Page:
Answer: The following Michigan nursery has a page listing salt tolerant plants, but not annuals and perennials. http://www.huntree.com/idealist. I couldn't find much definitive info on that, which seems surprising. However, since annuals don't have to live more than a year (!), salt build-up shouldn't be a huge factor. I'd layer several inches of well-aged compost on top of the bed and turn it under before each planting season to freshen the soil.
Below are flowers that take full sun and intense heat in the Southwest where I garden, which also includes alkaline (salty) soil. It's not exactly the same as road salt, but should be a good starting place to experiment.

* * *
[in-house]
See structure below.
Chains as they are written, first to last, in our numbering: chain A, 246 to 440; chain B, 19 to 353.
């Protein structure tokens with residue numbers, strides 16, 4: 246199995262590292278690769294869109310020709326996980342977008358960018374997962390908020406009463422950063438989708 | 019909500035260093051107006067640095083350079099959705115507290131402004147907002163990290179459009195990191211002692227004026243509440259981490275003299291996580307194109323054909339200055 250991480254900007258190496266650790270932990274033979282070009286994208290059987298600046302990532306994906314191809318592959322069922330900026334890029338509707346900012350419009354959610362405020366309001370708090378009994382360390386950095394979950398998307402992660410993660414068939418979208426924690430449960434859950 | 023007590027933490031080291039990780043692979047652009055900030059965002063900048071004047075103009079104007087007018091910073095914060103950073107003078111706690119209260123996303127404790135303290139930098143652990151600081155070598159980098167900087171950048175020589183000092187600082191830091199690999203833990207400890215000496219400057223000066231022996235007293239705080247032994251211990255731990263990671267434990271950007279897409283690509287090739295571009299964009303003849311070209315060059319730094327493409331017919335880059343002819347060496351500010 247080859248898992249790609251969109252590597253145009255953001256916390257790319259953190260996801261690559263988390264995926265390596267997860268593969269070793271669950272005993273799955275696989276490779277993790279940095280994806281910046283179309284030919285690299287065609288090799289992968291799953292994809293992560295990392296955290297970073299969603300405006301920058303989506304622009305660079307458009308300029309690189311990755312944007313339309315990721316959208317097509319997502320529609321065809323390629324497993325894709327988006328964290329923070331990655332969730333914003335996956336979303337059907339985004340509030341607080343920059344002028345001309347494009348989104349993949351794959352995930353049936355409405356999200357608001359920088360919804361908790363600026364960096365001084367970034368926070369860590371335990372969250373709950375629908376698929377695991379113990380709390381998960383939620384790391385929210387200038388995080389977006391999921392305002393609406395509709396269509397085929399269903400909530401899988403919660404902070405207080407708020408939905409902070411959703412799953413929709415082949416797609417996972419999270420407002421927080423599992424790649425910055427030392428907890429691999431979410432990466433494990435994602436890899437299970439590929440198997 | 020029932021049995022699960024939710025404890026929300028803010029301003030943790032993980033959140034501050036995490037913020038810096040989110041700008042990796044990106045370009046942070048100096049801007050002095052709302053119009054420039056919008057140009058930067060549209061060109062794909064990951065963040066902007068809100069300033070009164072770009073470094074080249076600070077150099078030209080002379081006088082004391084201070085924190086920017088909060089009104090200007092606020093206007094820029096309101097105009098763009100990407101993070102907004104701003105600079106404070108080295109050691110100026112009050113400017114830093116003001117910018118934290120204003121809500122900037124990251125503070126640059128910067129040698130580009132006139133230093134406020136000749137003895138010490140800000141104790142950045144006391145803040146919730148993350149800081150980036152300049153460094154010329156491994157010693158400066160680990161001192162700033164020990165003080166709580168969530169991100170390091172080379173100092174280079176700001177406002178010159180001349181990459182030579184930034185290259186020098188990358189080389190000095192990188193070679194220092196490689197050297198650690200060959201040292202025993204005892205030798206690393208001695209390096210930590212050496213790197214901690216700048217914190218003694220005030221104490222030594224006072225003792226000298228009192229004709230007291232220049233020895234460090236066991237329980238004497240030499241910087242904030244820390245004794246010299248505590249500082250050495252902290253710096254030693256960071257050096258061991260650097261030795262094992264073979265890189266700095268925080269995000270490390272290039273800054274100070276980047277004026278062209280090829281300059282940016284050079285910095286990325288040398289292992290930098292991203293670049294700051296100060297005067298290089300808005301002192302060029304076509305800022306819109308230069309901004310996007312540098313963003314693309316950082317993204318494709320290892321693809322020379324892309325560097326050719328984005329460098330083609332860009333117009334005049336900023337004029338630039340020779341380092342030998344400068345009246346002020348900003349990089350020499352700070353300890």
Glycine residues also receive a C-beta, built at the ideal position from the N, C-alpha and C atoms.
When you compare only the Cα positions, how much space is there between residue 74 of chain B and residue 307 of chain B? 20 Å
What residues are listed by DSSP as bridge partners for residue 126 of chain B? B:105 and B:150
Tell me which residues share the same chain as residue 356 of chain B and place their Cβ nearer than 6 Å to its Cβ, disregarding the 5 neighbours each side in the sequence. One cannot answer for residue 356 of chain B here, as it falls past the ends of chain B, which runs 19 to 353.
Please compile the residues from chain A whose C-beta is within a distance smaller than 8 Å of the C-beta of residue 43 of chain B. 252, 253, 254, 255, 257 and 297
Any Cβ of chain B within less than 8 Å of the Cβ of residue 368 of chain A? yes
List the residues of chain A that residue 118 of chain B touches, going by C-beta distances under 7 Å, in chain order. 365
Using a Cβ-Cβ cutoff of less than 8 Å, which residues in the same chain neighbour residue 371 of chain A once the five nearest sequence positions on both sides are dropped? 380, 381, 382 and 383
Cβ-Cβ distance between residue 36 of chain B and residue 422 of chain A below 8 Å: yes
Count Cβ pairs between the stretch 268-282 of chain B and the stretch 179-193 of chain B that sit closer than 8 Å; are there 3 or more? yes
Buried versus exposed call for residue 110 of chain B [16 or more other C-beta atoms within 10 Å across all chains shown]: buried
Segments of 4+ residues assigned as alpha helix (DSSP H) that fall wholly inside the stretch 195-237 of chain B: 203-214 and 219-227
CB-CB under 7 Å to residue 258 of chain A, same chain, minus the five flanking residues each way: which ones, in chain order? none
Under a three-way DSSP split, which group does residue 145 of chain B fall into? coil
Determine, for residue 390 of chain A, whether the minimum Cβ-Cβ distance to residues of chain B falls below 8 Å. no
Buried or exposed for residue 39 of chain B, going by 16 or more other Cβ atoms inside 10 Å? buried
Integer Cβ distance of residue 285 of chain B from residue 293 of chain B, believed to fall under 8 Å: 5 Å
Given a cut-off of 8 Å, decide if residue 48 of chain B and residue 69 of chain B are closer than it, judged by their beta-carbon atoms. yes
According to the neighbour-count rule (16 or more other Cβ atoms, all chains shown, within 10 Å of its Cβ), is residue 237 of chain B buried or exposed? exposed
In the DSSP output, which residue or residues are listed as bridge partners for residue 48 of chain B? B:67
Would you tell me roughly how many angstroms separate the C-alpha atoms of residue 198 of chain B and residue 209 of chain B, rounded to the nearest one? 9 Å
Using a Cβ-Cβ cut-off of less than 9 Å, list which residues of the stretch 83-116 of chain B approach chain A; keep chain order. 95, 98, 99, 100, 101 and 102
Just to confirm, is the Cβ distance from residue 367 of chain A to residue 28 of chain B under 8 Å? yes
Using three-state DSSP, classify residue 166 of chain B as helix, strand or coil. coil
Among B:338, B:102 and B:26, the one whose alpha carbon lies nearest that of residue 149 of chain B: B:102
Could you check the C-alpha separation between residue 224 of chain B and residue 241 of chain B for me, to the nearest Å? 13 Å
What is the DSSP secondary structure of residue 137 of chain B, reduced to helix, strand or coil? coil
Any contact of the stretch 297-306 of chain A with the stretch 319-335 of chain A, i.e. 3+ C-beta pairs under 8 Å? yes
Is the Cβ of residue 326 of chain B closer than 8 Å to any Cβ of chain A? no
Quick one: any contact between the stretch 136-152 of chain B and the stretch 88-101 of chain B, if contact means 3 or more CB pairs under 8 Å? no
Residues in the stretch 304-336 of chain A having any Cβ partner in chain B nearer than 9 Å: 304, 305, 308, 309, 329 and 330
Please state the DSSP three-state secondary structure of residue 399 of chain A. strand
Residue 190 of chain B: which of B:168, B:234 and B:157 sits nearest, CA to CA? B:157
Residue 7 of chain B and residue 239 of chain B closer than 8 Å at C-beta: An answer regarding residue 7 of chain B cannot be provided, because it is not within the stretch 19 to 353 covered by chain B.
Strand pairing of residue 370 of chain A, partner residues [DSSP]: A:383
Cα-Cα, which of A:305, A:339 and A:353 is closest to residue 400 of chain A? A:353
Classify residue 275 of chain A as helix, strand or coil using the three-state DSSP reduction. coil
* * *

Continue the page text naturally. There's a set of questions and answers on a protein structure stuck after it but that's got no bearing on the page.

For perennials, consider coreopsis, yarrow, butterfly weed (asclepias), lavender, catmint, gaillardia.
Warm-season annuals that take heat and sun include sunflowers, zinnia, cosmos, salvia, vinca, tithonia, black-eyed Susan, portulaca, celosia, globe amaranth, verbena, four o?clock, and lisianthus. Good luck!
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